Making Small Farms More Sustainable — and Profitable

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Making Small Farms More Sustainable — and Profitable
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Smallholder farms provide a large proportion of food supply in developing economies, but 40% of these farmers live on less than U.S.$2/day.  With a rapidly growing global population it is imperative to improve the productivity and security of farmers making up this sector.  This article presents the results of Better Life Farming, an ecosystem that connects smallholder farmers in India, Indonesia, and Bangladesh to the capabilities, products, and services of corporations and NGOs.

More than 2 billion people currently live on about 550 million small farms, with 40% of them on incomes of less than U.S. $2 per day. Despite high rates of poverty and malnutrition, these smallholders produce food for more than 50% of the population in low-and middle-income countries, and they have to be part of any solution for achieving the 50% higher food production required to feed the world’s projected 2050 population of nearly 10 billion people.

At present, these smallholders are trapped in a negative cycle that damages both themselves and the planet.  They are vulnerable to adverse weather incidents and water scarcity, have limited access and low bargaining power with purchasers of their output, and incur high crop losses, estimated at 28% of their production during on-farm growing and post-harvest storage. In order to increase their meager incomes, they cut down trees to access more land.

But this deforestation reduces the planet’s capacity for absorbing carbon gases from the atmosphere, releases carbon gases when the felled trees rot or burn and adds new greenhouse gas (GHG) emissions from the additional livestock and crops on the deforested land. Scientists have estimated that 10 to 15% of global carbon dioxide emissions can be traced to this deforestation. The global community and its businesses have every incentive to help small holders improve their productivity, escape poverty, and end destructive agricultural practices.

Companies can help break this cycle through profitable and inclusive strategies that enable smallholders to lift themselves out of poverty by improving farming and business practices. Bayer, a global life science company, has been working with the World Bank’s International Finance Corporation (IFC), Netafim, a global supplier of irrigation solutions, and more than 20 local partners at a country level to form the Better Life Farming (BLF) multi-stakeholder alliance. The alliance offers last-mile delivery solutions to help smallholder farmers become sustainable, commercially viable suppliers of agricultural products.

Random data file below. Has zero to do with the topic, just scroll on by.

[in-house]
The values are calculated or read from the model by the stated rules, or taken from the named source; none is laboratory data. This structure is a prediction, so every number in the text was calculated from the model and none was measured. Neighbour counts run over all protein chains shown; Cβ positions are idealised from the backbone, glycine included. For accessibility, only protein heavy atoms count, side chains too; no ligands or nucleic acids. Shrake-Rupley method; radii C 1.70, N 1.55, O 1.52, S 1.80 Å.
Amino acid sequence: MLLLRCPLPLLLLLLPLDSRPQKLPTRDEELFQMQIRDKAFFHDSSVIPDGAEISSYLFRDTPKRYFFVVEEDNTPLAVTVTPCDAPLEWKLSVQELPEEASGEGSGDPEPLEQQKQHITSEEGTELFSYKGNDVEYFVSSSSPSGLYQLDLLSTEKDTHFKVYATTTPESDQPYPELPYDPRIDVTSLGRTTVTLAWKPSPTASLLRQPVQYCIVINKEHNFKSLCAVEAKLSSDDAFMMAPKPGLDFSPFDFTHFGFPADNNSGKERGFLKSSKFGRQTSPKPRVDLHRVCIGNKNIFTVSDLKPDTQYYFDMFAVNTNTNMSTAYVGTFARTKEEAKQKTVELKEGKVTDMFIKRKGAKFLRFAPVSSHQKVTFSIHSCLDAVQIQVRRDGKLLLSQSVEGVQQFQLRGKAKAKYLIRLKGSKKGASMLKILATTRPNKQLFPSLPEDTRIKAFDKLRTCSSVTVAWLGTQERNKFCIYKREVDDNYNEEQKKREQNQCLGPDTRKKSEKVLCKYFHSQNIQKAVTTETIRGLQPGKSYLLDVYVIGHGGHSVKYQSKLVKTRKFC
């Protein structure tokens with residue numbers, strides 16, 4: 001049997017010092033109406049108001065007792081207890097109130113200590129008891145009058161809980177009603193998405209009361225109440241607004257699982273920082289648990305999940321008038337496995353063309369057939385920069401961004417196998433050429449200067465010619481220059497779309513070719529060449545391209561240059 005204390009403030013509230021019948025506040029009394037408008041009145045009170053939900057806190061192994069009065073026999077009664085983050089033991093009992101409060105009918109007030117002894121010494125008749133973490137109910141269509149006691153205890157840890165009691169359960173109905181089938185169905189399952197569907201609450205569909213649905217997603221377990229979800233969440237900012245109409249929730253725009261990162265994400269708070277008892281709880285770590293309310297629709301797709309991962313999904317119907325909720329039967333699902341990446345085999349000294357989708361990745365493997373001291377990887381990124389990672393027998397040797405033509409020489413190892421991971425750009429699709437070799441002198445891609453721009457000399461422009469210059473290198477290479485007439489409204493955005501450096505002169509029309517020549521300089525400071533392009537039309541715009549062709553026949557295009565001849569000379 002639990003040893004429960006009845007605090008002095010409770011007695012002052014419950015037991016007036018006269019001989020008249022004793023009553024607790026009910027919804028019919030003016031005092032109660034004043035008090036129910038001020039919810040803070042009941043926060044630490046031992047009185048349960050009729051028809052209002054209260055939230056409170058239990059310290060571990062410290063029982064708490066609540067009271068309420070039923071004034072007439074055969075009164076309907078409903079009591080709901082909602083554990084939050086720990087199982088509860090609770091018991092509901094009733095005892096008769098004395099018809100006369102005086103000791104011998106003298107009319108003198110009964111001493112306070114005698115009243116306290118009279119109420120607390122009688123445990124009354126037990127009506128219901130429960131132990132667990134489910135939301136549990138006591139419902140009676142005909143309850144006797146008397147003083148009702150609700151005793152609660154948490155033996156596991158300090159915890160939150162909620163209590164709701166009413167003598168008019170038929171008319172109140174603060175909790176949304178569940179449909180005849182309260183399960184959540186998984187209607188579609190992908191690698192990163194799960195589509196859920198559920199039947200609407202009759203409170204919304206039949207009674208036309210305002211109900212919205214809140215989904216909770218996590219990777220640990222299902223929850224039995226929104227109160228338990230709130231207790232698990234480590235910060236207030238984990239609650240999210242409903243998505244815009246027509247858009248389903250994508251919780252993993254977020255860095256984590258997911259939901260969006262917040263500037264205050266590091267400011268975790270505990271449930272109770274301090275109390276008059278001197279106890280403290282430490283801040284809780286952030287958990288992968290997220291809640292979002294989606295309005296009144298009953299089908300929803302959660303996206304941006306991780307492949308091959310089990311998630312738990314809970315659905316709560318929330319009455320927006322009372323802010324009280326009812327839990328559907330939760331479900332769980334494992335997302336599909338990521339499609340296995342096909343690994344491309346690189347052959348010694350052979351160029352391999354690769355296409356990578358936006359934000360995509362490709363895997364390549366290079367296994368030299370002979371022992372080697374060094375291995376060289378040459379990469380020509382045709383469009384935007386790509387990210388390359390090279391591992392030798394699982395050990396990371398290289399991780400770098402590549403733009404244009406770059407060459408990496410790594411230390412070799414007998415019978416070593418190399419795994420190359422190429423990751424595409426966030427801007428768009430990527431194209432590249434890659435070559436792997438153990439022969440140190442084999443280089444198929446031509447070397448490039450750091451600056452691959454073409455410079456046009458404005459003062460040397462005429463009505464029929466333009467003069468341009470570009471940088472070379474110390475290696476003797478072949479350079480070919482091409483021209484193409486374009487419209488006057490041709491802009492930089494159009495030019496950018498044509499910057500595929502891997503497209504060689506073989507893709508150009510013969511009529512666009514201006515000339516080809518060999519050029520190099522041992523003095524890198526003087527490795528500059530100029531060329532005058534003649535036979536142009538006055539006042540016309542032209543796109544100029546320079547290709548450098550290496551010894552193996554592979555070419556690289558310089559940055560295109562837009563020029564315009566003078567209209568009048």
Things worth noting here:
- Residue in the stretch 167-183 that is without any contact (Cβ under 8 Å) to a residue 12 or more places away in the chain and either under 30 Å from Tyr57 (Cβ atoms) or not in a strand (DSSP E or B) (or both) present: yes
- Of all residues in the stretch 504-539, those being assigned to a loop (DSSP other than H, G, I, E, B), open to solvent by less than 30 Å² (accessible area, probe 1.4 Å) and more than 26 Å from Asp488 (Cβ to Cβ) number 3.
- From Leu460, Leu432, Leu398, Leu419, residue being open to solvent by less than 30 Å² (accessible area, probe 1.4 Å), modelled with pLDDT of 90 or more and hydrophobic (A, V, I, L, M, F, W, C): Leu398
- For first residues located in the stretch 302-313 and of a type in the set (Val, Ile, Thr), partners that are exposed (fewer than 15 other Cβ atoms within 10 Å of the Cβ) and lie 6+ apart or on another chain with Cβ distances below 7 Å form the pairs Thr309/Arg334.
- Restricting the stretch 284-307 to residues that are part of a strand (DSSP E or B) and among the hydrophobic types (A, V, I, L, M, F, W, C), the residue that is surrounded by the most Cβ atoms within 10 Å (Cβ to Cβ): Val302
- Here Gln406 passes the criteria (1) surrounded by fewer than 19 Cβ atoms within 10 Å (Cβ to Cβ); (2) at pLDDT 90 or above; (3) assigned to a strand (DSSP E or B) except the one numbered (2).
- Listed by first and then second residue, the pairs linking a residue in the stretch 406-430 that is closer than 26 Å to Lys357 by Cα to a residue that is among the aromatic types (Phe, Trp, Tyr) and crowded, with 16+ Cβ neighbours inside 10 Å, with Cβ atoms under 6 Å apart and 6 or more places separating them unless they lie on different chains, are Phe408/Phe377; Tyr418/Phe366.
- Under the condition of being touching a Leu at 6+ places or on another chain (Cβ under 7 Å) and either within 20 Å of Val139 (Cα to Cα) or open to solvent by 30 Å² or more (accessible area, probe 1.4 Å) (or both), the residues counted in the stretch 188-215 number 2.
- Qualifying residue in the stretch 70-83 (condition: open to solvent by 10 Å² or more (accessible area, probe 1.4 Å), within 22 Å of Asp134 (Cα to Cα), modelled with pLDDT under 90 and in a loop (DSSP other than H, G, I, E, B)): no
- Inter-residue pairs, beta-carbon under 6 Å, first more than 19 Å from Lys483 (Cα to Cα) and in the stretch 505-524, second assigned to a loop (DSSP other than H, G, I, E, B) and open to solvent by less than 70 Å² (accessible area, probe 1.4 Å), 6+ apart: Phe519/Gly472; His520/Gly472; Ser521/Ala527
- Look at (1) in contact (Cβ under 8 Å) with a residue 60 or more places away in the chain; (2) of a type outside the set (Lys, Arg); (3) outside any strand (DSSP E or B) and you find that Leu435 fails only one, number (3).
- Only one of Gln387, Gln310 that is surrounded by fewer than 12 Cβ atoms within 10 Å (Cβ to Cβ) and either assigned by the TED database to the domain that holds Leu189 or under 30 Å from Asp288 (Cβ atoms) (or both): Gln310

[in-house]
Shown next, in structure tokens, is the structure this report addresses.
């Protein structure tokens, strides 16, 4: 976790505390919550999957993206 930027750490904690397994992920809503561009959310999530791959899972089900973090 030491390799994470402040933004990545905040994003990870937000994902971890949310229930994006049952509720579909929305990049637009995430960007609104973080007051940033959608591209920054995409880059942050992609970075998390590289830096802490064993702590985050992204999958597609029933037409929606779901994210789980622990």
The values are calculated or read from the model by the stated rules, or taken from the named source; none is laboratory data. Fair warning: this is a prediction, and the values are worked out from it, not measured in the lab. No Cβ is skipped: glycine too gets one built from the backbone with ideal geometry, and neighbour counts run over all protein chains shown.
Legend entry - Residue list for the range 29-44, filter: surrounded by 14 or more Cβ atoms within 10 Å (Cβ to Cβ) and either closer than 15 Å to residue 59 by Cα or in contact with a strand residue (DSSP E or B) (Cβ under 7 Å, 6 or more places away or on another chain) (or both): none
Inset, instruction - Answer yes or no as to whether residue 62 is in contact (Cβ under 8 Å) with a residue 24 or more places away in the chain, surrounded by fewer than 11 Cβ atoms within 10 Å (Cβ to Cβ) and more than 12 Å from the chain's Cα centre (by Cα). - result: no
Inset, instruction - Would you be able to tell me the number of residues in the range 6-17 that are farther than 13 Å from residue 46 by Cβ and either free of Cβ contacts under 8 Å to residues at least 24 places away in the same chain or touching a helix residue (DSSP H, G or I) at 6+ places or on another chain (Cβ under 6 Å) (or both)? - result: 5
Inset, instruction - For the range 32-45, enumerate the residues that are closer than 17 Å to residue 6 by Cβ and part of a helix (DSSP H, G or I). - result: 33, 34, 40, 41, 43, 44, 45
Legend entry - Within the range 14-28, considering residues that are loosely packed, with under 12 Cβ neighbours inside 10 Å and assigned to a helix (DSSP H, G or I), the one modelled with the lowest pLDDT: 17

Local Ecosystems, Locally Managed

BLF creates local ecosystems of private and public partners, offering comprehensive and accessible services to smallholders. These products and services include education and training, access to credit and insurance, and supplies of seeds, fertilizers, crop protection, irrigation, and farming equipment. The ecosystem also engages smallholders with downstream customers, including local aggregators, distributors, and off-taking corporations, and capacity-building partners, such as the IFC, Development Financial Institutions, NGOs and local farmer organizations.

The novel component in a BLF ecosystem is a Better Life Farming Center that connects up to 500 small and previously fragmented, and isolated smallholder farmers in a region to the capabilities, products, and services of corporations and NGOs. Each center is owned and operated by an agri-entrepreneur under an agreement with BLF.

The agri-entrepreneur, typically a farmer from the community or a young graduate, receives training in modern agricultural practices and business at a BLF Academy. Assisted by a BLF agri-consultant, the agri-entrepreneur then develops a model farm where local farmers are trained in effective, efficient, and sustainable agronomic and irrigation practices. The education and training enable the smallholders to operate with lower environmental footprints while becoming higher-quality and higher-yield producers.

The agri-entrepreneur works with local BLF partners to improve farmers’ financial literacy, provide financing and insurance services, offer integrated access to supplies of efficient irrigation equipment, seeds, fertilizers, and crop protection, and downstream connections to regional aggregators, distributors, markets, and corporate supply chains.